Defense takes turn in federal transgender youth trial in Arkansas
A trial to decide the fate of Arkansas' 2021 law banning gender-affirming medical care for minors resumed Monday.
- At issue is whether to uphold or permanently block a law Gov. Asa Hutchinson refused to sign.
Why it matters: The inability to access gender-affirming care has been linked to worse mental health outcomes for transgender youth, including thoughts of suicide and substance use, caused by gender dysphoria.
Reality check: Gender-affirming care is widely supported as appropriate and medically necessary by major health groups, including the American Medical Association and the American Academy of Pediatrics.
The latest: After a monthlong recess spurred by scheduling conflicts, testimony for those who oppose gender-affirming care dominated the bench trial Monday and Tuesday.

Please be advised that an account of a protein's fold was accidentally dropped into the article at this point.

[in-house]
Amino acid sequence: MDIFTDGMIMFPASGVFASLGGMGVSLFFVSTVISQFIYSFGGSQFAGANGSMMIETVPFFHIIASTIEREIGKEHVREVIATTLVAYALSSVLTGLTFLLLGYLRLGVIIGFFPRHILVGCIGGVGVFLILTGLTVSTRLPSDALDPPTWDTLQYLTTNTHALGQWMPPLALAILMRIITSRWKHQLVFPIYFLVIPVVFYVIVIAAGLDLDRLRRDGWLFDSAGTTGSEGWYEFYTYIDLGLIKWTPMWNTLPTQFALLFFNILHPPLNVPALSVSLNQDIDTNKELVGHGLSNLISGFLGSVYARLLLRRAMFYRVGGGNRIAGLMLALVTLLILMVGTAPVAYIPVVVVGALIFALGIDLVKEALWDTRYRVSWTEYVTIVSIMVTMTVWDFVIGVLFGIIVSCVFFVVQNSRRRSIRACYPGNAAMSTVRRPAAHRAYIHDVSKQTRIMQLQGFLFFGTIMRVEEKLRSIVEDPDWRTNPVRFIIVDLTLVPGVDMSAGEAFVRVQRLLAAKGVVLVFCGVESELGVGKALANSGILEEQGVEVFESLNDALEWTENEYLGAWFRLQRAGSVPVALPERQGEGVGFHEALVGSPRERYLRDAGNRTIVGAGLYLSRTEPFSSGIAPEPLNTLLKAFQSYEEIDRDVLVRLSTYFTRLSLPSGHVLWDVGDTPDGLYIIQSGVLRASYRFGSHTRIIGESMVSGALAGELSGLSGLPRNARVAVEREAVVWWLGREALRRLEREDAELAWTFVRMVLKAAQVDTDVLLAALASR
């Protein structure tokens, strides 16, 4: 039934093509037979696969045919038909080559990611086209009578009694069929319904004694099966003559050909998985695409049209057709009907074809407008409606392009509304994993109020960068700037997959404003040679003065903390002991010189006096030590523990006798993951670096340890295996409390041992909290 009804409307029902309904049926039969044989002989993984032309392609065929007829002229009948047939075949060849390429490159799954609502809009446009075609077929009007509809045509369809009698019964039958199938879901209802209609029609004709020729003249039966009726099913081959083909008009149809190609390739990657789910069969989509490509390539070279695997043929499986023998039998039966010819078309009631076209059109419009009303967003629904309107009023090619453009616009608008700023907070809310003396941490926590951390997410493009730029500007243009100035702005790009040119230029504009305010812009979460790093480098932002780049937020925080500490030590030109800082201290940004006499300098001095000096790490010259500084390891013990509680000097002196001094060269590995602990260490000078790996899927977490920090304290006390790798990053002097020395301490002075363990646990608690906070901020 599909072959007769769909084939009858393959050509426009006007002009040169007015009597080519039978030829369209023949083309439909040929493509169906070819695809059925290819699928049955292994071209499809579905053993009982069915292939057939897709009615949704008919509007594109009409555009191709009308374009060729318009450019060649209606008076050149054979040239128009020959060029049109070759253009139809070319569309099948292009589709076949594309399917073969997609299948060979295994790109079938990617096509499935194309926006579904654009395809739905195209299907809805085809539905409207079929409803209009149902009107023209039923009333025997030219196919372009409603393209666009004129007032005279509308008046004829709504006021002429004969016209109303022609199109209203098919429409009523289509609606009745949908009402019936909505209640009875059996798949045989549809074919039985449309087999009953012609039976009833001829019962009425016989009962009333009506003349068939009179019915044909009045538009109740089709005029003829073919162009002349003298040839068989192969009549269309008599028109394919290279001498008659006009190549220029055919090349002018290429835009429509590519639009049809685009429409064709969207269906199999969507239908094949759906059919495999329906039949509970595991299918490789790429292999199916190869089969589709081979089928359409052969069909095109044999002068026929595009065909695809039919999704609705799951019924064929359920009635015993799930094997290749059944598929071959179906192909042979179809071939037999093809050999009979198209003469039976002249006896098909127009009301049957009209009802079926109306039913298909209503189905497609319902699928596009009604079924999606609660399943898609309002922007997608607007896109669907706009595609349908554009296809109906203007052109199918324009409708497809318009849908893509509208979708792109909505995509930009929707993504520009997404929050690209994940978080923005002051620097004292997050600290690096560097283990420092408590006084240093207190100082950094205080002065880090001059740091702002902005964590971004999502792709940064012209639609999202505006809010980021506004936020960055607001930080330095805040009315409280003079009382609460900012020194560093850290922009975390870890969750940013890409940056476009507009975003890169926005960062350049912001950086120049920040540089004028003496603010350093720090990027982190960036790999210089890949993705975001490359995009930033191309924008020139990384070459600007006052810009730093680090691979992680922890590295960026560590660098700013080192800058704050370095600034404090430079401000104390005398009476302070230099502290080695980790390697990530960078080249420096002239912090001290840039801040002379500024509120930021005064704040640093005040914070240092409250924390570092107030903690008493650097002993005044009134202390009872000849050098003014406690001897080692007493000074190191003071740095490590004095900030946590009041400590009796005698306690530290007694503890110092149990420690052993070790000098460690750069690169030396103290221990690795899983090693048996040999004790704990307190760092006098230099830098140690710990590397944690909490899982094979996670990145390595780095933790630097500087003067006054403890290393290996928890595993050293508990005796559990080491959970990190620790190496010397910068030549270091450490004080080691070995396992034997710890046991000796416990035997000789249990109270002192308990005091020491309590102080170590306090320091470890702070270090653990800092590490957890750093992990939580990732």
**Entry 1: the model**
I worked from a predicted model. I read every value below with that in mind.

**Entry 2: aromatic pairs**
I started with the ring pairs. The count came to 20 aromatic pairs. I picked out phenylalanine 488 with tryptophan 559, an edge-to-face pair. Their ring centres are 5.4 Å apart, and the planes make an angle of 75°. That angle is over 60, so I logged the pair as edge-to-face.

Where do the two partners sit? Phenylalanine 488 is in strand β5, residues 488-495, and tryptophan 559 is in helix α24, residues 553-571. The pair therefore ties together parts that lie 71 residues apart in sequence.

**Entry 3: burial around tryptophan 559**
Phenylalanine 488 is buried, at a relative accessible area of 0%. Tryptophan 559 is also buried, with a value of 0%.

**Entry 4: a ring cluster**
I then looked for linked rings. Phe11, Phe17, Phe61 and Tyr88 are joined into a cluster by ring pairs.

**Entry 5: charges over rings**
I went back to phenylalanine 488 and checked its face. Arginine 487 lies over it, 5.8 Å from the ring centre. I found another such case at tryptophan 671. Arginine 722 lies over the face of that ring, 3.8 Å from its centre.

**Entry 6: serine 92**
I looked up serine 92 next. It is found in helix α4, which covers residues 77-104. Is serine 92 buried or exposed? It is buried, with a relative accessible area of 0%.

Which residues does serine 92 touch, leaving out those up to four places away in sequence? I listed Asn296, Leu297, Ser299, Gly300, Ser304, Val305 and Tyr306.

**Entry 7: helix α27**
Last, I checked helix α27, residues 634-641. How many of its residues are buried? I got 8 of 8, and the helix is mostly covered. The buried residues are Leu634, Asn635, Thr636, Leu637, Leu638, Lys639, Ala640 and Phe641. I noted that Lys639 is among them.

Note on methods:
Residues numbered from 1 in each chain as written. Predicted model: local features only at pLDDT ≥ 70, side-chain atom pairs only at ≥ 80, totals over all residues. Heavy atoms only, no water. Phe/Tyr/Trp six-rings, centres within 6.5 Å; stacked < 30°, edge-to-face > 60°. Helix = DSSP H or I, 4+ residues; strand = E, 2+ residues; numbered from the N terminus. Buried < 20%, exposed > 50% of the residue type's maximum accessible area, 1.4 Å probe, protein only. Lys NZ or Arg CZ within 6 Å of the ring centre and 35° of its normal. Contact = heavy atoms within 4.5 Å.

Context: The trial is between the state's attorney general's office and four Arkansas families represented by the American Civil Liberties Union.
Details: Ohio psychiatrist Stephen Levine said Monday that psychotherapy should be the primary treatment for gender dysphoria, Arkansas Advocate reported. He claimed doctors are too quick to prescribe hormones to minors.
- The testimony counters that given in October by other professionals for those seeking to maintain the right for parents to decide if their children receive gender-affirming care.
Yes, and: On Tuesday, U.S. District Judge James Moody Jr. didn't see immediate relevance of the testimony from Mark Regnerus, a University of Texas sociologist, the Arkansas Democrat-Gazette reported.
- Regnerus claimed he's observed a bias toward affirmation rather than treatment of underlying mental or emotional conditions among providers treating transgender patients, the paper reported.
What they're saying: "All I'm hearing is some people are forming opinions which are causing debate," Moody said, the Democrat-Gazette reported.
What's next: A half day of testimony is expected Wednesday and at least a half day Thursday.
If you or someone you know may be considering suicide, contact the National Suicide Prevention Lifeline at 1-800-273-8255 — or you can text message or call 988.
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